Dear Mr. Cruz/Cher M. Cruz—We’re very sorry to bother you, but it has been brought to our attention that you recently sought to renounce your Canadian citizenship.
VANCOUVER—The line was 30 deep before 6 a.m. at the Venezuelan consulate in downtown Vancouver, the only location in western Canada for ex-pats to vote in their presidential election Sunday. By noon more than 600 Venezuelans had stood in the short hallway, marked the labyrinthine bingo-card-like ballot and dipped a pinky tip in a well of blue ink on a wooden stool.
Each morning for the past two weeks, scores of respectable-looking protestors ushered themselves into single file lines, walked determinedly through Washington’s Lafayette Park, sat down on the sidewalk in front of the White House, arranged themselves in rows as if for a class photo, and waited patiently to be arrested (the violation: blocking pedestrian traffic).
In 1986, the then-editor of The New Republic, Michael Kinsley, famously asked whether anyone could find a headline more boring than “Worthwhile Canadian Initiative,” which had recently appeared on the Times op-ed page. The jibe was really a backhanded compliment, of course—Canada’s virtue was so automatic it could just be assumed. It was big news in Canada when, in 2008, the country slipped from the top-ten list of the world’s most peaceful countries (all the way to eleventh). By this year, it was back in eighth, 74 places above the U.S. and, when liberals in the U.S.
The National Hockey League playoffs began last night, with five of the eight first-round series getting underway. Over the next several weeks, thousands of hockey fans will crowd into arenas around the USA and Canada to watch their teams compete for the Stanley Cup. With the playoffs the culmination of their teams' seasons, fans unsurprisingly take it upon themselves to support the players even more loudly than during the regular season.
For the sake of argument, imagine, if you can, an American foreign policy based on interest alone. To begin with, to use the current Wall Street phrase, it would need to overweight Latin America and underweight the Middle East. For whether the Obama administration believes it or not (in fairness, they are no worse than their predecessors, though they are no better either), crises are brewing in Latin America that pose potentially greater threats to the United States than those posed by Al Qaeda.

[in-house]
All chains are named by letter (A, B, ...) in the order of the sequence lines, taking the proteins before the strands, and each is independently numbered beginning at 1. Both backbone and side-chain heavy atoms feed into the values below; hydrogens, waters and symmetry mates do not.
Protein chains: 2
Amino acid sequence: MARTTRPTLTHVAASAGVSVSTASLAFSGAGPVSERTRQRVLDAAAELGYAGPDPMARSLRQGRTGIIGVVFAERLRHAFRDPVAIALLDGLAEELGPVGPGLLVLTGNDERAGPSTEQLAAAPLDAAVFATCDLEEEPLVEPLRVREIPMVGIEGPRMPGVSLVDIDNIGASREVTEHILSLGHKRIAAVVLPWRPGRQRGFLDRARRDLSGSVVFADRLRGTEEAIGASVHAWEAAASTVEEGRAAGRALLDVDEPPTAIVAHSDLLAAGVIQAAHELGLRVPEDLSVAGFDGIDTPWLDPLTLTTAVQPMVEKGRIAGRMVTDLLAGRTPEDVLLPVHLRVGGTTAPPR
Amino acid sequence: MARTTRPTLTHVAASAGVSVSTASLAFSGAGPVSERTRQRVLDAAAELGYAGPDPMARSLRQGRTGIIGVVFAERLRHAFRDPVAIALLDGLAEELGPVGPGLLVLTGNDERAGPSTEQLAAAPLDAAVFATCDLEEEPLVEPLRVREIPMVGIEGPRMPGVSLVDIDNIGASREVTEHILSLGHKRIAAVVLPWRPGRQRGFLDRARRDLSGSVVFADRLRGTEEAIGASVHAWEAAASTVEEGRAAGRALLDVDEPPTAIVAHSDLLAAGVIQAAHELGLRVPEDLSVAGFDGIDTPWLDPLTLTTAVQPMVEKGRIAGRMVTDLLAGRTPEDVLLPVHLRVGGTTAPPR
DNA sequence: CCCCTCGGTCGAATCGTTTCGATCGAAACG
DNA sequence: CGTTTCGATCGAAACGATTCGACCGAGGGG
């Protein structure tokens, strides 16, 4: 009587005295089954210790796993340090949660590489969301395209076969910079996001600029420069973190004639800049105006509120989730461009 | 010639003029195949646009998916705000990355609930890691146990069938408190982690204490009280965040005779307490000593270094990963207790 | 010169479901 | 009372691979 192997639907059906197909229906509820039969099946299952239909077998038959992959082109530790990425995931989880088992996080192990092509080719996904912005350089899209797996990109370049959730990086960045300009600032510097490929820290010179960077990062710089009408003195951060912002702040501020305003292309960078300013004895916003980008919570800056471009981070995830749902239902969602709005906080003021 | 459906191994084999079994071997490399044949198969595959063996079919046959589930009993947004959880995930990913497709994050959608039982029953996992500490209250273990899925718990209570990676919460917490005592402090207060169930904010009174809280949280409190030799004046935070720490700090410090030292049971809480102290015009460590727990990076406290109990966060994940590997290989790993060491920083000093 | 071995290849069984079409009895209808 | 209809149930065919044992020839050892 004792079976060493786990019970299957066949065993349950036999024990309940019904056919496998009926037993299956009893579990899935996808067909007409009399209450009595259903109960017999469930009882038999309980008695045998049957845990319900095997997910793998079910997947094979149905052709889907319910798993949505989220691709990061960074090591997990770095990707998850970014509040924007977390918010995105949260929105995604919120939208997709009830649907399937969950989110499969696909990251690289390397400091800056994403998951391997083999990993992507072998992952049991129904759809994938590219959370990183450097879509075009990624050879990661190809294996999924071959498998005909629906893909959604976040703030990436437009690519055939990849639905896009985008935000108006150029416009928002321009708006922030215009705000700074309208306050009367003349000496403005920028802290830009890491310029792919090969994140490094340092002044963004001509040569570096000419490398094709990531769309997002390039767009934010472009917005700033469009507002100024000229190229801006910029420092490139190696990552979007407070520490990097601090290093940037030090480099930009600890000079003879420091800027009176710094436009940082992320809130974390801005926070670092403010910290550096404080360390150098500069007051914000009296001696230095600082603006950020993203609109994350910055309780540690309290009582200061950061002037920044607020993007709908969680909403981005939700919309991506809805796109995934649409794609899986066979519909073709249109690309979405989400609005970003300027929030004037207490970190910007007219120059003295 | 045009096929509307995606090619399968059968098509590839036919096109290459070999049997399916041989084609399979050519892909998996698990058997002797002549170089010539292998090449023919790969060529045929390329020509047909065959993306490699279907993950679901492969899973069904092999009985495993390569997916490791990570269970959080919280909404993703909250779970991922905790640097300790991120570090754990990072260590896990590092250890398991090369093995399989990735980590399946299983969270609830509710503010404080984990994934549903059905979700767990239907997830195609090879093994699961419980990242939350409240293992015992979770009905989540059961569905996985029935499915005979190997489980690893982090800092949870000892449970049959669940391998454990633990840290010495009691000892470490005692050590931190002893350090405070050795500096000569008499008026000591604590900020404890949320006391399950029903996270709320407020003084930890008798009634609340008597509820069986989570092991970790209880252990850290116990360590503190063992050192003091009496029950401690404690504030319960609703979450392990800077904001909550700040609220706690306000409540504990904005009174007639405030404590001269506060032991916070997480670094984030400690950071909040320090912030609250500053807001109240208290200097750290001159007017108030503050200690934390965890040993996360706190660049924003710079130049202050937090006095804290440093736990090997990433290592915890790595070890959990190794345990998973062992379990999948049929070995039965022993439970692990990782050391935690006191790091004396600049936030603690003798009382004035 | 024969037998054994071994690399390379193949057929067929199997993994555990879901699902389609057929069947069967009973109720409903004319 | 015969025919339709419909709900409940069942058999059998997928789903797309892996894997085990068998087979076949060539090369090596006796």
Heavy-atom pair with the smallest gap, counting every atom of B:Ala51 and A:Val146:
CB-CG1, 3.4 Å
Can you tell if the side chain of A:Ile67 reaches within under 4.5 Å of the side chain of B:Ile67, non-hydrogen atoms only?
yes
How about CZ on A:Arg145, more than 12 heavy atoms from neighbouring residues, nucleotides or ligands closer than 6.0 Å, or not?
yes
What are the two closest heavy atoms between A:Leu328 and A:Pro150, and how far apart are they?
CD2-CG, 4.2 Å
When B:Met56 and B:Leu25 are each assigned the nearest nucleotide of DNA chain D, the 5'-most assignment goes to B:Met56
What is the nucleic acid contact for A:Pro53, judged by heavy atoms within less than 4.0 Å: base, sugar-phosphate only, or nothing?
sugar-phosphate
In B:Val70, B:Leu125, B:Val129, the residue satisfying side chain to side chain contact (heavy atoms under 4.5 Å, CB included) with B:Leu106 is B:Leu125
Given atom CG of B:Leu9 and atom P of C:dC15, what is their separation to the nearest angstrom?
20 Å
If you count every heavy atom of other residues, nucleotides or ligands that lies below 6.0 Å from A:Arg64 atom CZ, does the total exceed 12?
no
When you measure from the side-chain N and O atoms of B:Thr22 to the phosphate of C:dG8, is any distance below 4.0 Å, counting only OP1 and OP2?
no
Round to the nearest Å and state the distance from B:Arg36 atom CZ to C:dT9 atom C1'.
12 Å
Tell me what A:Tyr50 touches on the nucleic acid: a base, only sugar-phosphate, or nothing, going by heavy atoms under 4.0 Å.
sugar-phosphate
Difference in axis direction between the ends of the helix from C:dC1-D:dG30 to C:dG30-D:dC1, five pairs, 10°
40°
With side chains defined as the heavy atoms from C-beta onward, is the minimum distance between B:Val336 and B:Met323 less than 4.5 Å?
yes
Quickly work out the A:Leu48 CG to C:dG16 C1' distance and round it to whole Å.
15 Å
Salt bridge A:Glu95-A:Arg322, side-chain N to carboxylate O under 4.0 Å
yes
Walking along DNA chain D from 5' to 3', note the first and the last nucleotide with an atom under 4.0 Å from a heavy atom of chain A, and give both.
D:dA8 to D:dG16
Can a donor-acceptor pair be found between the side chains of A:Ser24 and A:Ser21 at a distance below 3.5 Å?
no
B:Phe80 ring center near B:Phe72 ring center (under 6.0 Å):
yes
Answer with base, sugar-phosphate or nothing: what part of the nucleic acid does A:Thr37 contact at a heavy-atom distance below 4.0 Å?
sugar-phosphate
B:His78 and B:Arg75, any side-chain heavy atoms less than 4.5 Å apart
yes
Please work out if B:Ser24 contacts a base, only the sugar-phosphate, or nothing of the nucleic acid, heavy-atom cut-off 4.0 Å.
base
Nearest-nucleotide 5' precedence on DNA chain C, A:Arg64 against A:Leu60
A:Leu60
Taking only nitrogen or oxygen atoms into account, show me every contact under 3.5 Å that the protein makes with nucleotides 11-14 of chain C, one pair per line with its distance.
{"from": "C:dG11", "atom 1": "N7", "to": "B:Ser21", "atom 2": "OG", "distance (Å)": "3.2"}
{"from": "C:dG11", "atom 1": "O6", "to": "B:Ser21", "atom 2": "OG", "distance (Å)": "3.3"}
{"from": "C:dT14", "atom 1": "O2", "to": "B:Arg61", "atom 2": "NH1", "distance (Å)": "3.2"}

You don't usually hear a whole lot about what individual states are doing to tackle climate change. Surely those efforts, however noble, are just too small to matter—too local, too patchy. The only people who can really make a dent in U.S. energy policy are wandering around Capitol Hill, right? It's Congress or bust? Well, maybe. But that option's not looking too bright these days, given the fog around whether Congress will even pass a climate bill this year (or next year, or…).
In case you missed it, once-and-maybe-future presidential candidate Mike Huckabee traveled to Calgary, Alberta, Canada the other day and delivered himself of an address (according to his own pre-speech account, reported in the local press) focused on the terrible temptation of conservatives in the United States to tolerate diverse points of view, under the shorthand of a "Big Tent." That would be bad, said Huck, struggling from afar against the vast forces calling for ideological heterodoxy within the Republican Party. As someone who adores our Neighbors to the North, and has made speeches th
When did Canada start acting like Saudi Arabia when it comes to climate change? As George Monbiot notes in the Guardian this week, the normally good-natured country now has the dubious distinction of being the only country to ratify Kyoto and then formally renege on its commitments. Not only that, but Canada's increasingly trying to obstruct the Copenhagen climate talks. So what's behind this shift? Probably the country's vast tar sands reserves, which have attracted increasing interest since around 2006: Refining tar sands requires two to three times as much energy as refining crude oil.